1 ¾ oz fresh chervil, chopped 1 oz granulated sugar
Salt & pepper to taste

Potato puree:

14 oz potatoes 1 ¾ oz butter
1 ¾ oz cream Salt

Equipment: four 4-inch ring molds

Sauce: Saute onion in oil. Add the tomatoes, herbs, wine and chervil. Continue cooking until liquid is all but evaporated, about 20 minutes. Reserve.

Potato puree: Peel the potatoes and cook in boiling water until tender. Pass through a ricer and add the butter and cream. Mix well. Add salt to taste.

Sprinkle shrimp with a little Creole seasoning. Saute in butter until cooked through, about three minutes.

Presentation: Using a ring mold to provide the form, create a disc of potatoes on each serving plate. Top with a layer of sauce. Remove mold. Arrange four shrimp on each serving.

Adapted from a recipe in Nino Graziano’s “My Sicilian Cooking.
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madameshawshank



Joined: 30 Sep 2004
Posts: 1654
Location: Penrith (where jacarandas remind me of change), New South Wales, Australia

PostPosted: Mon Sep 28, 2009 8:18 am    Post subject: Reply with quote

KYHeirloomer, before too long I'm going to follow that recipe..'n post a photo!

sounds delicious!!!!!!!!!!!!
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KYHeirloomer



Joined: 21 Aug 2007
Posts: 552
Location: Central Kentucky

PostPosted: Mon Sep 28, 2009 2:29 pm    Post subject: Reply with quote

Please do. I don't use a digital camera, so can't post pix.

BTW, although I didn't specify, I usually butterfly the shrimp so that they stand upright with their tails in the air. Makes for a prettier presentation IMO.
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18thccuisine



Joined: 19 Apr 2006
Posts: 4
Location: Nouvelle France Etats-Unis

PostPosted: Mon Sep 28, 2009 5:01 pm    Post subject: Sorrel Reply with quote

http://18thccuisine.blogspot.com/2005/01/verjus.html

http://18thccuisine.blogspot.com/2008/07/strouille-litalienne-savory-strudel.html

http://18thccuisine.blogspot.com/2008/10/julian.html

http://18thccuisine.blogspot.com/2008/04/pot-herb-pie-spring-tonic.html

Here are some 18thC recipes … enjoy.
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KYHeirloomer



Joined: 21 Aug 2007
Posts: 552
Location: Central Kentucky

PostPosted: Mon Sep 28, 2009 8:47 pm    Post subject: Reply with quote

Good morrow, Madame,

>We started out as a buckskinners, <

Don't we all. Rolling Eyes Those with an interest in real history move on.

I was interested in seeing your blogs. We went in the other direction, focusing on the exploration and settlement of the trans-Allegheny country. But had developed a deep interest in the foodways of the perod. In fact, for several years I wrote a column called Historic Foodways in Smoke & Fire News.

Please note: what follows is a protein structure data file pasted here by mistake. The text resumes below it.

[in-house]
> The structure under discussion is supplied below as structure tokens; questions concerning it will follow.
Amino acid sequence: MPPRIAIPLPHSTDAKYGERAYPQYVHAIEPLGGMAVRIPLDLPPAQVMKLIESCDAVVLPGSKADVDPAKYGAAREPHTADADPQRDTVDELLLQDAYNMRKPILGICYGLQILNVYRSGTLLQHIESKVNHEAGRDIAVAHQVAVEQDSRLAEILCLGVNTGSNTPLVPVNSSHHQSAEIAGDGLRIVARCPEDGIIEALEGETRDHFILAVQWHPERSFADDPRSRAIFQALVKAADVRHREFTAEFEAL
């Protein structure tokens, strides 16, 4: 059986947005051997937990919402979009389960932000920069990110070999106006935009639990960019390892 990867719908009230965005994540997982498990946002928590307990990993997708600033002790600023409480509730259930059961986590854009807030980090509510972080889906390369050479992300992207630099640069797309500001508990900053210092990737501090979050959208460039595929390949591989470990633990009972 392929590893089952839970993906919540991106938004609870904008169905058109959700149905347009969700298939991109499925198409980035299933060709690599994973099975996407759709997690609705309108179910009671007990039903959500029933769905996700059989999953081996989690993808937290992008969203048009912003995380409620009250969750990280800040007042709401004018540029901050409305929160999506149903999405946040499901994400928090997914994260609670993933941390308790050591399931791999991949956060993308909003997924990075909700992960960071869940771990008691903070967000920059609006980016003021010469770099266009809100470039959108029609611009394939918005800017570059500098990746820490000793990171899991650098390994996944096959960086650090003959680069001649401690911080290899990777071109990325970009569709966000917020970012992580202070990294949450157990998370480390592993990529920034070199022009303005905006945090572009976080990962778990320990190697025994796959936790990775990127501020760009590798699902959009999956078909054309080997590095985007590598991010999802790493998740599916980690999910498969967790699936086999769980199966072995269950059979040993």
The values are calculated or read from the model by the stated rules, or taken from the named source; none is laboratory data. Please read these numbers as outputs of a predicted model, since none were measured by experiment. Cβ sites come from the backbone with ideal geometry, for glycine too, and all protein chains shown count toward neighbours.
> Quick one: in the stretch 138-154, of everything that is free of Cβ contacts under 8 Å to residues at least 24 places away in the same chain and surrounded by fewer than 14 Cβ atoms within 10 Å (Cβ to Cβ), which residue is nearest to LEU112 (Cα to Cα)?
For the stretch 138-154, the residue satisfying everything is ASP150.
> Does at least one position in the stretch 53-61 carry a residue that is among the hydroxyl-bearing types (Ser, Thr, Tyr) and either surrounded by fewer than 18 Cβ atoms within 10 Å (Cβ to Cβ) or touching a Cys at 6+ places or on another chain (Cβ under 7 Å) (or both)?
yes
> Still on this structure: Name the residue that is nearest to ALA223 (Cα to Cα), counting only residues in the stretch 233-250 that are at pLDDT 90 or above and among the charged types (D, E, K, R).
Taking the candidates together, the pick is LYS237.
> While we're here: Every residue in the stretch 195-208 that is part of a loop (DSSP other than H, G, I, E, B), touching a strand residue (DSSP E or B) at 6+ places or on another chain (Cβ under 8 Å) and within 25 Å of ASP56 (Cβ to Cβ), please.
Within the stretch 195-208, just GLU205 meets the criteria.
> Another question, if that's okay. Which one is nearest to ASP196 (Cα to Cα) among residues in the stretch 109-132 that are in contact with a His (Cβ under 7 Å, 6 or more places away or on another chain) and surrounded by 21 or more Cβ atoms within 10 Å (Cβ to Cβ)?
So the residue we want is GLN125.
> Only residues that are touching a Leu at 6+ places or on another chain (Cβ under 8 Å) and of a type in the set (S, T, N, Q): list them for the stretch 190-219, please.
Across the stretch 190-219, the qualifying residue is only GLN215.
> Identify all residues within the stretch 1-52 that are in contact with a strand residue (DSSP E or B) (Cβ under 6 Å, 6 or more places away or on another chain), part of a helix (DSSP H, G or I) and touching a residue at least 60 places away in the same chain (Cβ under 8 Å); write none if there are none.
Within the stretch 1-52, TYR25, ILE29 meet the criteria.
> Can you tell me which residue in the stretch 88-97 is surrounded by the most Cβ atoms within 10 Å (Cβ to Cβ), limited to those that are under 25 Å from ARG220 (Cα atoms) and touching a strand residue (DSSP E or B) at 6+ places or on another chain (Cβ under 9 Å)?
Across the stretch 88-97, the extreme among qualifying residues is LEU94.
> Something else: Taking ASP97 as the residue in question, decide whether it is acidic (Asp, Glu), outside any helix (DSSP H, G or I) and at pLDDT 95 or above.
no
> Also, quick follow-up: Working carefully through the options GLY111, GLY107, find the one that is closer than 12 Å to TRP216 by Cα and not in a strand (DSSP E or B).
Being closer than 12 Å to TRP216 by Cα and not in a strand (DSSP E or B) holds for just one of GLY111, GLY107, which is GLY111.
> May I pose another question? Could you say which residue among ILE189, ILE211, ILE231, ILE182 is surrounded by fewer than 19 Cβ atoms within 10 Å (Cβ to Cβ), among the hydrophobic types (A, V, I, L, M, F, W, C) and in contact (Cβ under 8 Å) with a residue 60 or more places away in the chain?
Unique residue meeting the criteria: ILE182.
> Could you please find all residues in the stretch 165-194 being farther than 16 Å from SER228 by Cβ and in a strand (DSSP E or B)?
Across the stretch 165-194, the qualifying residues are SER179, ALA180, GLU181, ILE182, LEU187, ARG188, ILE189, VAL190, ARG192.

Always good to meet a fellow traveler.
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18thccuisine



Joined: 19 Apr 2006
Posts: 4
Location: Nouvelle France Etats-Unis

PostPosted: Mon Sep 28, 2009 10:09 pm    Post subject: Sorrel Reply with quote

Dear KYHeirloomer,

Where in KY are you? I was born in Murray, but grew up in Idaho, and now I'm in Michigan.
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dory



Joined: 11 Nov 2007
Posts: 236
Location: Madison, WI

PostPosted: Mon Sep 28, 2009 10:36 pm    Post subject: to 18th century Reply with quote

Hi 18th Century,

I am interested in historical cooking (particularly French) and enjoyed being made aware of your blog.

Dory
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dory



Joined: 11 Nov 2007
Posts: 236
Location: Madison, WI

PostPosted: Mon Sep 28, 2009 10:39 pm    Post subject: sorrel soup? Reply with quote

I have sorrel growing in my yard (actually, I planted it several years ago) and looking untidy by my side fence. I have never cooked with it and want to. If anyone has good recipes-- especially for sorrel soup-- I would enjoy seeing them.

Dory
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KYHeirloomer



Joined: 21 Aug 2007
Posts: 552
Location: Central Kentucky

PostPosted: Tue Sep 29, 2009 2:58 am    Post subject: Reply with quote

Dory,

Here's a simple version of Schav, a sorrel soup of eastern Europe and Russia. It's almost always served cold.

Sometimes it's referred to as green borscht.

Schav

1 tbls oil
2 onions, chopped
12 cups chicken stock
1 lb sorrel (include stems), chopped
Salt & pepper to taste

Heat oil in a large pot. Saute onions until soft. Add stock and bring to simmer. Add the sorrel, salt and pepper and simmer until sorrel is soft and olive-green in color. Transfer to a food processor and process until smooth.

My folks would serve this with a dollop of sour cream and some cut up hard-boiled eggs.

You can substitute spinach, btw. But if so, add a little lemon juice to simulate the citrusy flavor of the sorrel.